Division of Bacterial Diseases (DBD) News Bulletin
DBD Labs Pass CLIA with Flying Colors
Earlier this summer, laboratories within the Division of Bacterial Diseases (DBD) passed an important inspection, demonstrating that they meet federal quality standards. All U.S. facilities and sites that test human specimens for health assessment or to diagnose, prevent, or treat disease—including many CDC laboratories—undergo this inspection as part of the Clinical Laboratory Improvement Amendments (CLIA) of 1988. Due to the extraordinary efforts of our labs, DBD passed the CLIA inspection with flying colors.
Preparing for CLIA inspection occurs year-round. DBD labs ensure that all their records, competency tests, proficiency tests, and other documents and tests, are continuously up to date. Preparation to become a CLIA-certified lab is a very rigorous, time-intensive and demanding process—but a necessary and important task. The emphasis placed on passing inspection cannot be overstated—if one lab at CDC fails the CLIA inspection, then all labs are affected and cannot work.
Labs must consider two important aspects to keep their CLIA laboratory classification. First, when new assays are added for CLIA certification, the protocols and records of sensitivity and specificity, among other documentation, must be documented in the CLIA manuals. Second, all labs within a branch eventually need to consolidate their paperwork for CLIA purposes—and this is challenging.
DBD has five labs in two branches. Preceding the June inspection, CDC conducted an internal assessment in November 2011 and 2012. DBD’s Associate Director for Laboratory Science, Kathy Tatti, noted that, “An important lesson learned is that the internal assessment performed by the CDC Laboratory Quality Management Program team is very useful for preparing for the CLIA inspection. All the findings and corrective actions noted by this team need to be addressed as soon as they are found.”
After the November 2012 assessment, the Respiratory Diseases Branch (RDB) worked to consolidate CLIA records from their two labs (Streptococcus Laboratory and Pneumonia Response and Surveillance Laboratory). This task, as well as addressing CLIA concerns, involved devoting one full-time staff member as CLIA manager for the branch. Kathy Thurman successfully undertook this effort from January through April. Kathy’s perseverance, hard work, and meticulous attention to detail were key to accomplishing the CLIA consolidation task for RDB. Working alongside Kathy was Lynne Shewmaker from the Streptococcus Laboratory.
Serving as CLIA designees of the three Meningitis and Vaccine Preventable Diseases Branch laboratories were Jordan Theodore (Meningitis Laboratory), Monte Martin (Pertussis and Diphtheria Laboratory), and Rita Desai (Microbial Pathogenesis and Immune Response Laboratory). They are meeting regularly, with Monte Martin taking the lead, to consolidate their labs in order to meet that CLIA requirement.
Looking forward, DBD’s laboratories will have CDC internal assessments in fall 2014 and a CLIA inspection in spring 2015.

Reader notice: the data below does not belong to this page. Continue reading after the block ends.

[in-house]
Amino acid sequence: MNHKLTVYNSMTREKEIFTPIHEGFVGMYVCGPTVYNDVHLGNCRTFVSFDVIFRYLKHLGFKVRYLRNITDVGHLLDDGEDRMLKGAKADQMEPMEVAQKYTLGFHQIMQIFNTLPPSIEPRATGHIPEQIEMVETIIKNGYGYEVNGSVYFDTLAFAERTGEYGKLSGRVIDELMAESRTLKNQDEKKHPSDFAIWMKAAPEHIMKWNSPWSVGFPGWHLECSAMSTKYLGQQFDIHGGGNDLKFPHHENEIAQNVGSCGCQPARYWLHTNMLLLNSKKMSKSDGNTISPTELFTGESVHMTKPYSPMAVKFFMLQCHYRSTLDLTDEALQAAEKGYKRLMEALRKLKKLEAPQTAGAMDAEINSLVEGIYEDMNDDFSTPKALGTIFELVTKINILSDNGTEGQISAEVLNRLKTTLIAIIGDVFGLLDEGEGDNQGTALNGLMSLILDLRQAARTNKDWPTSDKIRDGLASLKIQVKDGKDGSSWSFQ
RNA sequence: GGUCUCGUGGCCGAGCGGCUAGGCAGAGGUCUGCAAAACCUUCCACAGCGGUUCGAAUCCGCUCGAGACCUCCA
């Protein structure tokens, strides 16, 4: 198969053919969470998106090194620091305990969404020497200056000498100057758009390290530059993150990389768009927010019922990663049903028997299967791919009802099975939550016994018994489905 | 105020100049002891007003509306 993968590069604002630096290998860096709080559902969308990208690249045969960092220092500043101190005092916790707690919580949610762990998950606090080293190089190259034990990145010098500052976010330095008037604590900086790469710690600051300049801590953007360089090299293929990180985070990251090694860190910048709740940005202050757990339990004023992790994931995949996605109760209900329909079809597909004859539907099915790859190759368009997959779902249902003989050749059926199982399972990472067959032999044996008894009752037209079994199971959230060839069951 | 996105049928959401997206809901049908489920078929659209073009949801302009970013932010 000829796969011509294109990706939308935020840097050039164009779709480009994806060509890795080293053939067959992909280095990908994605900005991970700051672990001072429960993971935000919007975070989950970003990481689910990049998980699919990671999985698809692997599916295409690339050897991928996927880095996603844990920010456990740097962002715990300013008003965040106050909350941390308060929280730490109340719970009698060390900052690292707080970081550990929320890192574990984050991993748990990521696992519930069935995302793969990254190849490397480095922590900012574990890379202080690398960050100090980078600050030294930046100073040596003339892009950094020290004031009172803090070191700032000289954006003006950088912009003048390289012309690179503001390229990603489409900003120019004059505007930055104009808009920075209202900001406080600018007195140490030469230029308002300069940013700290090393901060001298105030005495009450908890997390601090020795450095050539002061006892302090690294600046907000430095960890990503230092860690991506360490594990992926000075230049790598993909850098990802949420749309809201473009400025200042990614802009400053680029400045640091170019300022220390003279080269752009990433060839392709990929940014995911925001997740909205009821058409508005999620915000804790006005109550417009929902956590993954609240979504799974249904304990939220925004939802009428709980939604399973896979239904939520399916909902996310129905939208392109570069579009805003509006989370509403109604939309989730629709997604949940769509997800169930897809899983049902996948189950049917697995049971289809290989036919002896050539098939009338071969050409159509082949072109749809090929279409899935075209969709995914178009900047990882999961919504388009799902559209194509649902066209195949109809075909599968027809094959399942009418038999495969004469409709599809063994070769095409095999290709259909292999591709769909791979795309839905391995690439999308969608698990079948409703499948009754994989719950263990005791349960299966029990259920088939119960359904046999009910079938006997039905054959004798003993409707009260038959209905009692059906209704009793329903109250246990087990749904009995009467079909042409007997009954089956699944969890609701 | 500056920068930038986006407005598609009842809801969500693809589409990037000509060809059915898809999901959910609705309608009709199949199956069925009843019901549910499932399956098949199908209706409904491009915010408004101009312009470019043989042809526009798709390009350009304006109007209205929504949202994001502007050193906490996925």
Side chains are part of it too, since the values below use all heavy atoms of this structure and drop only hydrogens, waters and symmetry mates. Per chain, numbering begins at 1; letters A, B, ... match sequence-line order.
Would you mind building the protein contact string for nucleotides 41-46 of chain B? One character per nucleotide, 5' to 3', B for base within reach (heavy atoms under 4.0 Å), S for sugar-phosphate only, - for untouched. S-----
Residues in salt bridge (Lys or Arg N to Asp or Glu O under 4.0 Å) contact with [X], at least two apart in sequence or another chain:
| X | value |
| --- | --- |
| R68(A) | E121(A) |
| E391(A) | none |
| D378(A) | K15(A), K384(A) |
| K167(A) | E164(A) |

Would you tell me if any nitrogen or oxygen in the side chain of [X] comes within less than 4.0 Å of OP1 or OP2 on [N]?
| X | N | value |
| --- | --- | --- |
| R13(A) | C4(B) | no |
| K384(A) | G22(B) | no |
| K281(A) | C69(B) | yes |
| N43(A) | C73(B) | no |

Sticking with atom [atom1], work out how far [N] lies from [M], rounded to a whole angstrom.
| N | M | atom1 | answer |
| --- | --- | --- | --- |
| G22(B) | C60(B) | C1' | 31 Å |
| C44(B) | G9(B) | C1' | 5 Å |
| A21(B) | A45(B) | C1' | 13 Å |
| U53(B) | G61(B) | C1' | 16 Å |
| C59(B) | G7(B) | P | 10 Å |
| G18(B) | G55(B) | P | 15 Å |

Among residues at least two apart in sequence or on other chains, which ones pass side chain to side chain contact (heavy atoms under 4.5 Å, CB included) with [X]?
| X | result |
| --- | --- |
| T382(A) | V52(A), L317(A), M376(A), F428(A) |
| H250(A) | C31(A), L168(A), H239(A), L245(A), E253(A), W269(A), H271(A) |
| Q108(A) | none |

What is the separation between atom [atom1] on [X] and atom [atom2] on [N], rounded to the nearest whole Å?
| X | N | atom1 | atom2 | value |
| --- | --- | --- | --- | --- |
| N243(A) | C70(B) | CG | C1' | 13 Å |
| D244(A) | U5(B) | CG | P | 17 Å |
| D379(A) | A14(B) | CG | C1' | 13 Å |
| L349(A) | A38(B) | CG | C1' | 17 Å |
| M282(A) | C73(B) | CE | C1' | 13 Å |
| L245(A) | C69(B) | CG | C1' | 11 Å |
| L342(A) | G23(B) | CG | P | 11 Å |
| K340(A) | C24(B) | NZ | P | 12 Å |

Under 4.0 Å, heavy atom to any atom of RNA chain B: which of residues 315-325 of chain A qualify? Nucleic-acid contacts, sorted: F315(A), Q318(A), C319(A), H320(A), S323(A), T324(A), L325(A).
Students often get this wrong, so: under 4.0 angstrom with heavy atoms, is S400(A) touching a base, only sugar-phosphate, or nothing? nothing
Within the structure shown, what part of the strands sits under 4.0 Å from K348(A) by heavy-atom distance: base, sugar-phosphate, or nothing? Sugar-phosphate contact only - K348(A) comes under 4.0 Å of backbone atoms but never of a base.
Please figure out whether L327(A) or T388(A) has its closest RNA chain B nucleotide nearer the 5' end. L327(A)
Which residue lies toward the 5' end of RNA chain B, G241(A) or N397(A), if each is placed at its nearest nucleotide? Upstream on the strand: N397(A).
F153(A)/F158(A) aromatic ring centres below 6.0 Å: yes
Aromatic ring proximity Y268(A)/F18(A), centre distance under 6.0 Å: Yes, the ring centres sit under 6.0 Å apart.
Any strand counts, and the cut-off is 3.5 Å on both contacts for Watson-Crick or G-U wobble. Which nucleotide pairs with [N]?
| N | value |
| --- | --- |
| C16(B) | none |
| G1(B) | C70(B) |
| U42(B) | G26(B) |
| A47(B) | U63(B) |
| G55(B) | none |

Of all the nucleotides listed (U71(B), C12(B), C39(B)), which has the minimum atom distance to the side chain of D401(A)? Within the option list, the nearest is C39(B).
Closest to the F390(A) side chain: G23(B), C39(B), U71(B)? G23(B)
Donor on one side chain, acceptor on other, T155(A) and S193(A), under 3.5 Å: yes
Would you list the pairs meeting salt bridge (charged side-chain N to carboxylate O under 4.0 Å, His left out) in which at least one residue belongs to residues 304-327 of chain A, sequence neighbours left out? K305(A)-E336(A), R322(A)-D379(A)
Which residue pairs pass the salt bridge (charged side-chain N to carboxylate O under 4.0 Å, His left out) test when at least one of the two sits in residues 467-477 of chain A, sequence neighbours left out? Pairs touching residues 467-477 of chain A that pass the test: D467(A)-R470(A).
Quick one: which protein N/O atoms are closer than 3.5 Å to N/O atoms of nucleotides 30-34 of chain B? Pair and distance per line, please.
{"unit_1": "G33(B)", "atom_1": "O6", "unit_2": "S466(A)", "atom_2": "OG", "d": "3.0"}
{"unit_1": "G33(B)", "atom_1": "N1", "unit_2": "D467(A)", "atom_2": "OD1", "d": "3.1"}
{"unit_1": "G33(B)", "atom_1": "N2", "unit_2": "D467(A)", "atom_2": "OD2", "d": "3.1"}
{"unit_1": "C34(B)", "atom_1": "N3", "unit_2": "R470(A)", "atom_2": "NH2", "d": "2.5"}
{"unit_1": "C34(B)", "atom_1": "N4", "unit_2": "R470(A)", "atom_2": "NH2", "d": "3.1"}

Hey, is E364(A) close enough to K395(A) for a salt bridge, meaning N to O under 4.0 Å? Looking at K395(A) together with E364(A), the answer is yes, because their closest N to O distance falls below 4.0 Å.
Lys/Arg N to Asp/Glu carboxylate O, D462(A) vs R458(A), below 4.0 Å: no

Regards from Rana…
It’s been busy the last few months but we have much to celebrate and be thankful for this Holiday season! I want to mention a few. Our laboratories passed CLIA inspection with flying colors, yet another testimony to the high quality science these laboratories are conducting, but also the importance of teamwork. We received a grant from the Bill & Melinda Gates Foundation to support strengthening surveillance in the meningitis belt and demonstrate impact of MenAfriVac. DBD is making history by implementing a serogroup B meningococcal vaccine campaign at Princeton University to control an outbreak of meningococcal disease among students. We investigated a multitude of outbreaks, notably many Legionnaires’ disease ones. We just recently participated in a Public Health Grand Rounds on antimicrobial resistance that was very successful and highly attended.
In this bulletin, we highlight some critical public health activities that don’t always receive a lot of publicity (e.g., diphtheria, neonatal infections). Though diphtheria is rarely heard of in the United States any longer, it continues to cause unique challenges globally; DBD is working closely with our partners within and outside CDC to ensure this disease remains adequately controlled. Neonatal infections continue to be a major cause of deaths among infants worldwide, and through ANISA, DBD is playing a major role to understand the epidemiology of neonatal infections in order to develop better prevention strategies.
As we get close to the end of 2013, I would like to recognize many of our senior staff who retired over the last year. Just before Labor Day, we bid farewell to Brian Plikaytis, our beloved statistician who retired after 36 years of working at CDC and making major contributions to public health. Our retirees helped train hundreds of scientists over the years, and thus DBD continues its strong work improving prevention and control of bacterial respiratory and vaccine-preventable diseases in the United States and globally. Looking forward to another great year!
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